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Constitutional tariffs incidental protec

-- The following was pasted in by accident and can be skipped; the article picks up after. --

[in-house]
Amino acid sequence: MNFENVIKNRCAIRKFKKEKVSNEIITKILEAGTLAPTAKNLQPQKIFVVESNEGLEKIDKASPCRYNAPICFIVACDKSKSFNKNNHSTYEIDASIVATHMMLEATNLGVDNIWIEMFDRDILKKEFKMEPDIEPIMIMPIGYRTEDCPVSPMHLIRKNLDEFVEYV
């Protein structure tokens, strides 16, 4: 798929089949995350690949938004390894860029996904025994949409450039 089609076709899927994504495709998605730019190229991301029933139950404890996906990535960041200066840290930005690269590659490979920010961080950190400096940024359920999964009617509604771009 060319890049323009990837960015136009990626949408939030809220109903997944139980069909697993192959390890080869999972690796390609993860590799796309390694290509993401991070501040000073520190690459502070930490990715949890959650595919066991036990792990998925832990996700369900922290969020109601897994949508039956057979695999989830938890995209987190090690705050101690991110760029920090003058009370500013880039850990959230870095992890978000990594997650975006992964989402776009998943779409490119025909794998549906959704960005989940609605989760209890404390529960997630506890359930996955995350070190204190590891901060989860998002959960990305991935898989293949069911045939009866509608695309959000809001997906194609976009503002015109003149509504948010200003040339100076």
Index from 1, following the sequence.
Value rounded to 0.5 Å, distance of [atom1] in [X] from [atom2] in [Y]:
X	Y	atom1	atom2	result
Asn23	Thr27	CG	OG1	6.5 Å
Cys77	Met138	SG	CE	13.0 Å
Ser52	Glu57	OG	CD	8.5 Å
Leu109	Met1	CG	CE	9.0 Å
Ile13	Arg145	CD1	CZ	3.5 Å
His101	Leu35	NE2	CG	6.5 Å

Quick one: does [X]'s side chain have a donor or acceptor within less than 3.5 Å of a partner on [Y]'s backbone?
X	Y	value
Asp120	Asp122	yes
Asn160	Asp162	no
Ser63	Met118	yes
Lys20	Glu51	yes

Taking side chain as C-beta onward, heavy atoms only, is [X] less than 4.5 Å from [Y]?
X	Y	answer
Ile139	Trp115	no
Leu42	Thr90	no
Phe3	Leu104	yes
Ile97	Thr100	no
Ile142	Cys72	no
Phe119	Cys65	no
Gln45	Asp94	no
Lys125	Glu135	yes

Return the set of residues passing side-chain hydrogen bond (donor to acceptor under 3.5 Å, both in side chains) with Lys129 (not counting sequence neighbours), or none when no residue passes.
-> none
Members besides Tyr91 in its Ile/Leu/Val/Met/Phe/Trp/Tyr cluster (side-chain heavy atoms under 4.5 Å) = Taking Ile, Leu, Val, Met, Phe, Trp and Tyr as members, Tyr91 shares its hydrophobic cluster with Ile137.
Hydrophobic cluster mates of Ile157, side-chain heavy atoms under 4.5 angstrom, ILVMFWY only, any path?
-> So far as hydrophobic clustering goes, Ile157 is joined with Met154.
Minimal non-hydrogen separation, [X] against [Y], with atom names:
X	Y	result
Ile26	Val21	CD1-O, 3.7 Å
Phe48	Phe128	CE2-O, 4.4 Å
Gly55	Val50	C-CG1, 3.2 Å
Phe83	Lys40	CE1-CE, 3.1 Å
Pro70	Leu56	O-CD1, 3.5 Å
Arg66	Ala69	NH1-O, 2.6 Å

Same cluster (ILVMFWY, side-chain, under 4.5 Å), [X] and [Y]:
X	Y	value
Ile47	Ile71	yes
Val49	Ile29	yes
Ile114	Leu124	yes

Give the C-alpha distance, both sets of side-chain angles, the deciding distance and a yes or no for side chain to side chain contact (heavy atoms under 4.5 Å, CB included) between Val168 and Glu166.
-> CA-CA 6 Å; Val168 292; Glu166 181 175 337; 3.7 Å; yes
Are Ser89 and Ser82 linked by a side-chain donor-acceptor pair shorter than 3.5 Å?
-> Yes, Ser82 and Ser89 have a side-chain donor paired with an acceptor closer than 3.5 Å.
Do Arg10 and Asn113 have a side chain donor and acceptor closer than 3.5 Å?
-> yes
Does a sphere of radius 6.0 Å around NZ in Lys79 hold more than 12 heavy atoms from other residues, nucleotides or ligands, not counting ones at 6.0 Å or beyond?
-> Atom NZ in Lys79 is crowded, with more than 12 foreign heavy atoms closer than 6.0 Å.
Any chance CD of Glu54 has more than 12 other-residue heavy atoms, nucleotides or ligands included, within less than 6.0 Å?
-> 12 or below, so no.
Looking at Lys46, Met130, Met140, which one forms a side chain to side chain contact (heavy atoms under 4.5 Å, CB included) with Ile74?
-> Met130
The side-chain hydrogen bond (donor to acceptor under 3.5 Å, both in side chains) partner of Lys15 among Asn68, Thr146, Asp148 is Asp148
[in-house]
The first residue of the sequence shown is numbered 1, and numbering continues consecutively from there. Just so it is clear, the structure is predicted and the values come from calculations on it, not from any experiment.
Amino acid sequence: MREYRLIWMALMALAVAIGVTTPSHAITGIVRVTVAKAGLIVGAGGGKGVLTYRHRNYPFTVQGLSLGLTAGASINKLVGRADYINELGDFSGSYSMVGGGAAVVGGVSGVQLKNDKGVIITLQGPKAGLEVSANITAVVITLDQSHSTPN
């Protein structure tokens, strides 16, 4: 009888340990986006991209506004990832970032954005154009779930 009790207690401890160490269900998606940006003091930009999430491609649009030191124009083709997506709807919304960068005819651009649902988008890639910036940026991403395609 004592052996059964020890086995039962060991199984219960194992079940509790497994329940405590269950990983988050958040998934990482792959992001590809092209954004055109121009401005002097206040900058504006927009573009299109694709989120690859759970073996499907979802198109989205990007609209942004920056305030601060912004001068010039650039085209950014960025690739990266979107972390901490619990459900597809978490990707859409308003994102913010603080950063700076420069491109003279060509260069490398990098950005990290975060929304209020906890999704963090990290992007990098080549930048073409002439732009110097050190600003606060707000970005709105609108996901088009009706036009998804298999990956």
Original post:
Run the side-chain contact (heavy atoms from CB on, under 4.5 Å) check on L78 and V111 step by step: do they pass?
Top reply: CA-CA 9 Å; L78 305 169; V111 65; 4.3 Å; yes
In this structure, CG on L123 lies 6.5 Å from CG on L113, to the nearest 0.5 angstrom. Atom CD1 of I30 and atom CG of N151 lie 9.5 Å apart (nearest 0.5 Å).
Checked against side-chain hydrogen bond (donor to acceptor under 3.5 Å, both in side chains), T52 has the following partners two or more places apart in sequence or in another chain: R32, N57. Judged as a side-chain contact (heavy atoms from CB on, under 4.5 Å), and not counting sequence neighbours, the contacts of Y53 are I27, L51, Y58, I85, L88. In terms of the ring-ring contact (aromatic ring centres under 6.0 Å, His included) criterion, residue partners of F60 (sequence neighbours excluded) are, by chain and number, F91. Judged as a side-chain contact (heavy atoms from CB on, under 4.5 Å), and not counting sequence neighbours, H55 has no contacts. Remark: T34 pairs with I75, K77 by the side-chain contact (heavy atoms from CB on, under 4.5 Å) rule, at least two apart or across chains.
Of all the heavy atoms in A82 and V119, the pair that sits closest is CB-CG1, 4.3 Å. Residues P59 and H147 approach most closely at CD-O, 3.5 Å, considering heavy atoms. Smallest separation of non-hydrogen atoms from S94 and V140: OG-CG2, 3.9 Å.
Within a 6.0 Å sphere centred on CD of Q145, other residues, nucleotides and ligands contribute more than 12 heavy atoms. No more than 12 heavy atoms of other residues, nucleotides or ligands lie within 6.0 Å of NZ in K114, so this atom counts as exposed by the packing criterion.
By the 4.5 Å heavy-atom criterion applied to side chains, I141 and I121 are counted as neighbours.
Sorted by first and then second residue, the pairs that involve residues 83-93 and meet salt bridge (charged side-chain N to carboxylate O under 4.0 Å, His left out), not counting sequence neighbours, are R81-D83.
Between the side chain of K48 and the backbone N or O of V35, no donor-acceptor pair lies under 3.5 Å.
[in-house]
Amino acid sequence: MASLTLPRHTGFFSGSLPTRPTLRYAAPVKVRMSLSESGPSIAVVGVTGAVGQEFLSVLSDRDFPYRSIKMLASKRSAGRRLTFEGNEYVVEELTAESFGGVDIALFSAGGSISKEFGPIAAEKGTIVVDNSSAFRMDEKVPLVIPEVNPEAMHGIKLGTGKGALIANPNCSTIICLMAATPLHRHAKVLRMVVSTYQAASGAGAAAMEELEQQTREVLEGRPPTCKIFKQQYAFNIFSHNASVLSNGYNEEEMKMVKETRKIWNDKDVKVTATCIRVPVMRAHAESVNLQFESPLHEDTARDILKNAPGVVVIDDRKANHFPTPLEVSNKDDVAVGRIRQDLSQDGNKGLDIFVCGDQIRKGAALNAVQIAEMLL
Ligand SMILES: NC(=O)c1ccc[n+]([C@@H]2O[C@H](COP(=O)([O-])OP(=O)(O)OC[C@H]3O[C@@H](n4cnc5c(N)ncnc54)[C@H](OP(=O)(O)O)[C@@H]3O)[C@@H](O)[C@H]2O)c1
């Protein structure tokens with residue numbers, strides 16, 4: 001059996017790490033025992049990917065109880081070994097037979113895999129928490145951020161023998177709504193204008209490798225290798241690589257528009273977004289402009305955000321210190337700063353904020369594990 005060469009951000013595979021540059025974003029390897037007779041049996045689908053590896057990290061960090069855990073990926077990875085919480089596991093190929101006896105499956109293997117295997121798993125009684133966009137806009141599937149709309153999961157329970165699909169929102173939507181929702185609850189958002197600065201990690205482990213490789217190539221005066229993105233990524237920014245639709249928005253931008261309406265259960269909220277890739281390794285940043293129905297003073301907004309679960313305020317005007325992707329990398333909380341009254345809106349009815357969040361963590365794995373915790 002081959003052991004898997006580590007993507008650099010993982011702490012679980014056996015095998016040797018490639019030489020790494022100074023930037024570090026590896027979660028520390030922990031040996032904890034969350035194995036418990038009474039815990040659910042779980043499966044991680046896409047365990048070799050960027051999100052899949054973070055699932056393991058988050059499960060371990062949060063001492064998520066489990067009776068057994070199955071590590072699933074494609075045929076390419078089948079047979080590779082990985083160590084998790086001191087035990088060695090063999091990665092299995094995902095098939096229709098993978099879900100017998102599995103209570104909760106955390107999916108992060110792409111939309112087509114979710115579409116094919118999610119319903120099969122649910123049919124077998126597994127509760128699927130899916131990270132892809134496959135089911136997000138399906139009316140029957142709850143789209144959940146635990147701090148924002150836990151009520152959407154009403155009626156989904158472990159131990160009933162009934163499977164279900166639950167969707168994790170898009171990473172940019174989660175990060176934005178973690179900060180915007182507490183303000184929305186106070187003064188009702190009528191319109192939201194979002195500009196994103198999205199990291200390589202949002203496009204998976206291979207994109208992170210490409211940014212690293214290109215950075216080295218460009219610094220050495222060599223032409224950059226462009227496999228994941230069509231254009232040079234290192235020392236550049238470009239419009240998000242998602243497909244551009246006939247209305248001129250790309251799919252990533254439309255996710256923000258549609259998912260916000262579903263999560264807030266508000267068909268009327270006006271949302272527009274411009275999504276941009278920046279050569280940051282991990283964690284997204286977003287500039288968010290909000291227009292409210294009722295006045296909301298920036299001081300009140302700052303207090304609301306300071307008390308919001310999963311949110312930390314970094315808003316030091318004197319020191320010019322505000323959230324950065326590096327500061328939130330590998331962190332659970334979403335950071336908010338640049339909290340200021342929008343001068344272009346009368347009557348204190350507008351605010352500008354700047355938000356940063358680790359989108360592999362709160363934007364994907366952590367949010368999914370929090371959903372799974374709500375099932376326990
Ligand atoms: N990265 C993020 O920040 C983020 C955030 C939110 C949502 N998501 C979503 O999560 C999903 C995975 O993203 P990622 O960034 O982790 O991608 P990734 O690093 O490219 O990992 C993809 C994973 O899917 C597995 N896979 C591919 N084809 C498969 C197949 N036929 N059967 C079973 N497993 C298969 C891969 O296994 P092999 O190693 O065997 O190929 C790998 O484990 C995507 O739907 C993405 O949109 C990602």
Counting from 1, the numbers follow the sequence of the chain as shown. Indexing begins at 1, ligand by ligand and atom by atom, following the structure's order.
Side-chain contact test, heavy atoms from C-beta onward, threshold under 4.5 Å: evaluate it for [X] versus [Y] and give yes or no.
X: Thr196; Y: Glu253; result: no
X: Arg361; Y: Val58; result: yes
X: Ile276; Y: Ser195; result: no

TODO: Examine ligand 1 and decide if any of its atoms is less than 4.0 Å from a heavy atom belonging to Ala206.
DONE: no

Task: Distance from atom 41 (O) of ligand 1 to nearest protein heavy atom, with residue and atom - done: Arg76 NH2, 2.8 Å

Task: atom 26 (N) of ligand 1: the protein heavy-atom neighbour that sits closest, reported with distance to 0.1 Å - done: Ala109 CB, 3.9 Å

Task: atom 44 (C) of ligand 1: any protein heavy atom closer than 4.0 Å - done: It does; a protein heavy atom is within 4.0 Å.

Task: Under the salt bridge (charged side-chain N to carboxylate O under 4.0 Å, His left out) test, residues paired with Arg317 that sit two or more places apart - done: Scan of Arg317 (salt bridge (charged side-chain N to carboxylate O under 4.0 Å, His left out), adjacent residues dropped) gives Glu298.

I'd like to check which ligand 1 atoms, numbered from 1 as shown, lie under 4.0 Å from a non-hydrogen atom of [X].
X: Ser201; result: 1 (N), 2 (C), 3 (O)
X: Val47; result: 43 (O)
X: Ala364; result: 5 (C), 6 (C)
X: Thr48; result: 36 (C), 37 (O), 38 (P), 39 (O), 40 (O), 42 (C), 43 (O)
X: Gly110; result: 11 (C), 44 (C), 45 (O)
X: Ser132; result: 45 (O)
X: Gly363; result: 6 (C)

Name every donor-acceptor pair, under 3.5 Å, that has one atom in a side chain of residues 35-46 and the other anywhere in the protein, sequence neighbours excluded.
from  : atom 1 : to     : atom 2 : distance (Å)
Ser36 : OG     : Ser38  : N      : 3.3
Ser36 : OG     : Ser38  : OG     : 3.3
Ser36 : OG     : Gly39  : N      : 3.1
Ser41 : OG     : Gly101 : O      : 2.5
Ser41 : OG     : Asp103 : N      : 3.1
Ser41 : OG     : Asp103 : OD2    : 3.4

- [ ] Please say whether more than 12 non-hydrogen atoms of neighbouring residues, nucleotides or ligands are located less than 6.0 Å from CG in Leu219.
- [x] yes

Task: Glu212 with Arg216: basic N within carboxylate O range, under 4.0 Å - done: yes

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Const Polit Econ DOI 10.1007/s10602-008-9060-6 ORIGINAL PAPER Constitutional tariffs, incidental protection, and the Laffer relationship in the early United States Phillip W. Magness  Springer Science+Business Media, LLC 2008 Abstract This article explores an early attempt to establish a constitutional constraint on tariffs utilizing the Laffer Curve relationship. In 1842 John Calhoun suggested that the curve’s revenue maximization apex could be used to differentiate between ‘‘Revenue’’ and ‘‘Protective’’ tariffs independently from the non-judiciable question of legislative motive. When admitted that a tax must actually be collected to remain constitutionally valid, the apex functions as a de facto upper tariff rate constraint. Despite subsequently falling in disfavor, Calhoun’s argument illustrates the importance of political economy on the constitutional level by recognizing conditions that induce policymakers to rationally raise tax rates at the expense. Keywords Tariffs  Protection  Laffer Curve JEL Classification H20  K10  N41  N71  F13 1 Introduction Arthur Laffer’s famous sketch on a napkin at a Washington restaurant in the early 1970s makes an interesting anecdote in the conceptual history of economics. The Laffer Curve’s theorized tax rate-revenue relationship has since become a staple of supply-side tax policy and produced a formal literature on its potential applications.1 Yet Laffer’s diagram was not unknown prior to the nap ...
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